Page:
When selling a business, most sellers lose potential buyers in the due diligence phase. This is the phase where you give the buyer time to dig through your business to make sure you did not misrepresent anything. To increase your chances of surviving this phase, you should retain the services of a business broker 92158 trusts. A business broker that has sold businesses that are similar to yours will be able to anticipate the actions of potential buyers and help you prepare sufficiently for the due diligence phase.
Most professional buyers will have a checklist of questions. Some of the questions will include:
- When will the lease expire and what are the lease terms?
- Are your products, processes and ideas protected by trademark or patent?
- Do you have signed contracts with consistent employees and customers?
- Which technologies do you use?
- What are the terms of existing credit agreements?
- Does your business have pending litigations?
- Are all your licenses and other paperwork in order?
These are just some of the questions professional acquirers will want to be answered before they can commit to buying your business. You should also note that acquirers will want to get a more subjective sense of your company. Doing this requires the buyer to do investigative work. Your business broker 92158 can help prepare for the following tricks.
It is not uncommon for a professional buyer to want to change the agreed meeting time. The purpose of this is to see how involved you are with serving your customers. If you cannot accommodate the new change, the buyer will probe to know why and then try to determine which part of your business is dependent on you.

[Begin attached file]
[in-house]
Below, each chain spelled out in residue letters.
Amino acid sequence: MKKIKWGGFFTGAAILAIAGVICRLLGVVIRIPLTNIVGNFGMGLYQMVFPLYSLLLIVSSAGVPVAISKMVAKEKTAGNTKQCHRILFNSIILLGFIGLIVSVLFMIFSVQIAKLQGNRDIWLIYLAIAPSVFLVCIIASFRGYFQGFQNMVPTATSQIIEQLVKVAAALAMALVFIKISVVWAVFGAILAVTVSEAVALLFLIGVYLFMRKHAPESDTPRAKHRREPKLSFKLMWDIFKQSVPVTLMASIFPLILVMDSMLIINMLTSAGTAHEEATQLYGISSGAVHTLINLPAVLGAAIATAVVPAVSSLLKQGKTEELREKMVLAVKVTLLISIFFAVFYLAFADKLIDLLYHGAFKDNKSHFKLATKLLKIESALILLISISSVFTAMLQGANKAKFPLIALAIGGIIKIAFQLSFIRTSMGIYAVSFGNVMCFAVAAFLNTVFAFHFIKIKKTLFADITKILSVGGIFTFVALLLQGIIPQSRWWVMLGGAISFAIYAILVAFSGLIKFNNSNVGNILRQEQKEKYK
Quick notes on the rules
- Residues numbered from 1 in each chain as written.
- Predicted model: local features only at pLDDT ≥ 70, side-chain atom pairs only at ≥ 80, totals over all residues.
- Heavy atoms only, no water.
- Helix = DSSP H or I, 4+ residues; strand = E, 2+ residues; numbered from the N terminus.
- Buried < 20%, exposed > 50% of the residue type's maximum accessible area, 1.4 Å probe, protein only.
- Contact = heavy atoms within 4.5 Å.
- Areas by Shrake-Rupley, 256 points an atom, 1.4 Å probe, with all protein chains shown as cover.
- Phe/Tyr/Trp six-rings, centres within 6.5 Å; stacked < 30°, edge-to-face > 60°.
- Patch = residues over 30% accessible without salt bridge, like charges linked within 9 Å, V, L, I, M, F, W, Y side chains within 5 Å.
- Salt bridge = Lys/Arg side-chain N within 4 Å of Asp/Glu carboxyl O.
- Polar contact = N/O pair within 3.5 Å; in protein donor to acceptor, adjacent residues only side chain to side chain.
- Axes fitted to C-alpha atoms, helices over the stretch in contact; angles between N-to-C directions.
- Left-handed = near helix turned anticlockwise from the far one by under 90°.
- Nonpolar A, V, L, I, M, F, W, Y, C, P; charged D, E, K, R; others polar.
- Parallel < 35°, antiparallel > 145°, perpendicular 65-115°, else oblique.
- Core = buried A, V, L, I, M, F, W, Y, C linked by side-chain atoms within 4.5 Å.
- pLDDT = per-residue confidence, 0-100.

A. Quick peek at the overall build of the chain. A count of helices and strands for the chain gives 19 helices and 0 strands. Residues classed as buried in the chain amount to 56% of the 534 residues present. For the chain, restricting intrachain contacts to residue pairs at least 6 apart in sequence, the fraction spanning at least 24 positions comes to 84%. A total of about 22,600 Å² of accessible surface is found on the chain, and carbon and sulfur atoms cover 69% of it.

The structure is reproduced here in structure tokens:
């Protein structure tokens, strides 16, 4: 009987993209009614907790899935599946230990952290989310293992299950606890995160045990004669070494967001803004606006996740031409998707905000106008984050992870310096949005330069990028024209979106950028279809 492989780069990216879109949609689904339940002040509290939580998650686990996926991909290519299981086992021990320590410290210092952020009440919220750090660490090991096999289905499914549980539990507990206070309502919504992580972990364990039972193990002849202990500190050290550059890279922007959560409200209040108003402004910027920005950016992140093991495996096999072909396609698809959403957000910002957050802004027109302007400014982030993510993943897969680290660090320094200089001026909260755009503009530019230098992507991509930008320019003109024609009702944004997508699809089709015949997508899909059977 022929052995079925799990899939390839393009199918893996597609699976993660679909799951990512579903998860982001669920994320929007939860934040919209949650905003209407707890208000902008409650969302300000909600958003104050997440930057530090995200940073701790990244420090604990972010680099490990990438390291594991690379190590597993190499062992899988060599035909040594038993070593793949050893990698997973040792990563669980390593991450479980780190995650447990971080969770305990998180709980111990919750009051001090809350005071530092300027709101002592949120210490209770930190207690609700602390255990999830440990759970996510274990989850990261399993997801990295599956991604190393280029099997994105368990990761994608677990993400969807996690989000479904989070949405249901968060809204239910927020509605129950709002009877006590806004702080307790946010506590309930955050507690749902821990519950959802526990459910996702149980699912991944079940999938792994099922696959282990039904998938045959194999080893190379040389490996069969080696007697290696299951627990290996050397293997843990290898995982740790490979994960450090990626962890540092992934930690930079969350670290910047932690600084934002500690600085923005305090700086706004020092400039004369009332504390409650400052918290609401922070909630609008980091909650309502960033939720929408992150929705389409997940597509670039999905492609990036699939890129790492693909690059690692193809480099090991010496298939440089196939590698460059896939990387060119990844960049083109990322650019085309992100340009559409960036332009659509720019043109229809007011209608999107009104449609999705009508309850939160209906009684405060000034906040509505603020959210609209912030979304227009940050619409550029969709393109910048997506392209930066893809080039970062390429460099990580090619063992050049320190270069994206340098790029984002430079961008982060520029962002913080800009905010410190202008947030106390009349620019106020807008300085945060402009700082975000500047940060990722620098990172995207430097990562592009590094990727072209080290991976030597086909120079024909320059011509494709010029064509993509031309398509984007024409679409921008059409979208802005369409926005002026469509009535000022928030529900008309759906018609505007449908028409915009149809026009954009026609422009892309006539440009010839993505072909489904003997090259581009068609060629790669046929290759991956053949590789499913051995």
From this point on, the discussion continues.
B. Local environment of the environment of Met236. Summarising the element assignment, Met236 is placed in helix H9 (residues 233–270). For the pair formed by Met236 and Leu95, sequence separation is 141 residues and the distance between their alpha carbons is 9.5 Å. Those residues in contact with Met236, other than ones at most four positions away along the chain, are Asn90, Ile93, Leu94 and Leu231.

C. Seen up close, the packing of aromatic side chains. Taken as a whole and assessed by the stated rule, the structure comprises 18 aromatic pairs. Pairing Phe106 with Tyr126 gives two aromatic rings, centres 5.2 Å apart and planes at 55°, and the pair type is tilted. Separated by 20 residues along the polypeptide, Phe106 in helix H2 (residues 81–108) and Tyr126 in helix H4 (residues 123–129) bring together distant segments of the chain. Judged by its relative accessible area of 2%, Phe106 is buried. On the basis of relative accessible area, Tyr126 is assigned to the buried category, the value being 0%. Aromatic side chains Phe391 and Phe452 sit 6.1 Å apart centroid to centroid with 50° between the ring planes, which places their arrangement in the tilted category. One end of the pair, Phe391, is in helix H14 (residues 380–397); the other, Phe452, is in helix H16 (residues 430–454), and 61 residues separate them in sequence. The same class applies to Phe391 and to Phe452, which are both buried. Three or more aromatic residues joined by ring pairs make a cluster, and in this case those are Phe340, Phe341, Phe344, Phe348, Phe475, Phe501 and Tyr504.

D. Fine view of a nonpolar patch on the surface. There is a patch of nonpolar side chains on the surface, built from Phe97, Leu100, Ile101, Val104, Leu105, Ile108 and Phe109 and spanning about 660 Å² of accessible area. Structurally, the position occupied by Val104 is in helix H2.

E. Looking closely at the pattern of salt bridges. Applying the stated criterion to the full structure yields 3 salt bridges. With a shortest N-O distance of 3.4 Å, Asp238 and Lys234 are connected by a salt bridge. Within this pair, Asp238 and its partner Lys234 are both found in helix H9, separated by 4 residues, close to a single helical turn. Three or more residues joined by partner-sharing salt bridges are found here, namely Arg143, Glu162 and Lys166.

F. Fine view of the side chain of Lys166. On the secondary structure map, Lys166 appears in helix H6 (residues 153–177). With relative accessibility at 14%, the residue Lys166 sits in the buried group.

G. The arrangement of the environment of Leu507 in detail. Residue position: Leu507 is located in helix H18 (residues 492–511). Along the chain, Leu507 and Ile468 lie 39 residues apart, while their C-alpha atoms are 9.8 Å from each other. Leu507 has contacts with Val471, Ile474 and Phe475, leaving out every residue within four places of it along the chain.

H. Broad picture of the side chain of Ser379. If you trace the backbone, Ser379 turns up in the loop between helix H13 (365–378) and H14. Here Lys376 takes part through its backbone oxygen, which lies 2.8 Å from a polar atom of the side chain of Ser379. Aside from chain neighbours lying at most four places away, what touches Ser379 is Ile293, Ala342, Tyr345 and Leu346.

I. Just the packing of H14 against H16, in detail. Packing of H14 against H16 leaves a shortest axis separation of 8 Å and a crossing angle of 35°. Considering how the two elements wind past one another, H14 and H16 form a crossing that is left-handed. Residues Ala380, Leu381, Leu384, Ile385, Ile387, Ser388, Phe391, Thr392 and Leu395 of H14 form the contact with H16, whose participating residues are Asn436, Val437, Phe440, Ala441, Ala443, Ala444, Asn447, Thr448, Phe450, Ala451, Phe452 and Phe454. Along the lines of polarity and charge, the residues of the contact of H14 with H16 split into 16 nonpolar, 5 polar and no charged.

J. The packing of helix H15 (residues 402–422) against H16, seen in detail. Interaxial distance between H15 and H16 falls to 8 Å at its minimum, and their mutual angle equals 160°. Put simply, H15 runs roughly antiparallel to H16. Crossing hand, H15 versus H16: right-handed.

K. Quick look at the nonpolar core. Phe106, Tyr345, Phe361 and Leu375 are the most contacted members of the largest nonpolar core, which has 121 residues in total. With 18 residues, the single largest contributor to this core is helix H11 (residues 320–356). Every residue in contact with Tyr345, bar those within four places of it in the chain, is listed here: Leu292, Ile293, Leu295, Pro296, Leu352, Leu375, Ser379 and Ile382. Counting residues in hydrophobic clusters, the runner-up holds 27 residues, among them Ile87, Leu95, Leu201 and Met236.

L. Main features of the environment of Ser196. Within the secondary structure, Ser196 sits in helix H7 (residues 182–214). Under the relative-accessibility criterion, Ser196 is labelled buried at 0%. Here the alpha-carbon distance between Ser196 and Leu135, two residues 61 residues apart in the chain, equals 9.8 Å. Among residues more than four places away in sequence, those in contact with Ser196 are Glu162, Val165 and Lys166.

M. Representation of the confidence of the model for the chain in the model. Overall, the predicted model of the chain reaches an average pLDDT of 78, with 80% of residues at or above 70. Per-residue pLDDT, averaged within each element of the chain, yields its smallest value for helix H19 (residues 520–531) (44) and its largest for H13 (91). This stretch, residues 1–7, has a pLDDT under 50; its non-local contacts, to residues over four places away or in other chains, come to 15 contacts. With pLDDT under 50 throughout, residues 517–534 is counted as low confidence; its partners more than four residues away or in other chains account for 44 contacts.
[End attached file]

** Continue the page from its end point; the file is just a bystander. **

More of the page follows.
Check if the business is vision impaired
You need to be sufficiently prepared to answer all questions about the vision of your company. You should also note that the buyer may also ask the same vision question to your key managers or employees. If the answers are inconsistent, the acquirer may take that as a red flag. Make sure your team understands your vision before you get your business listed.
Asking clients why they work with you
Acquirers may want to speak to your customers. When this happens, the acquirer will expect you to provide the names and contacts of the most loyal and passionate clients. They will expect to hear great things. The acquirer may ask the customer why they do business with you. The objective is to identify where the loyalties of clients lie. If the client describes how they love your company, that will be good. If their response is about how much they love you personally, that will be bad.
The above are the key tricks used by professional acquirers to learn more about your company. Be prepared. An experienced business broker in San Diego helps you prepare sufficiently so that there will be no surprises during the due diligence phase.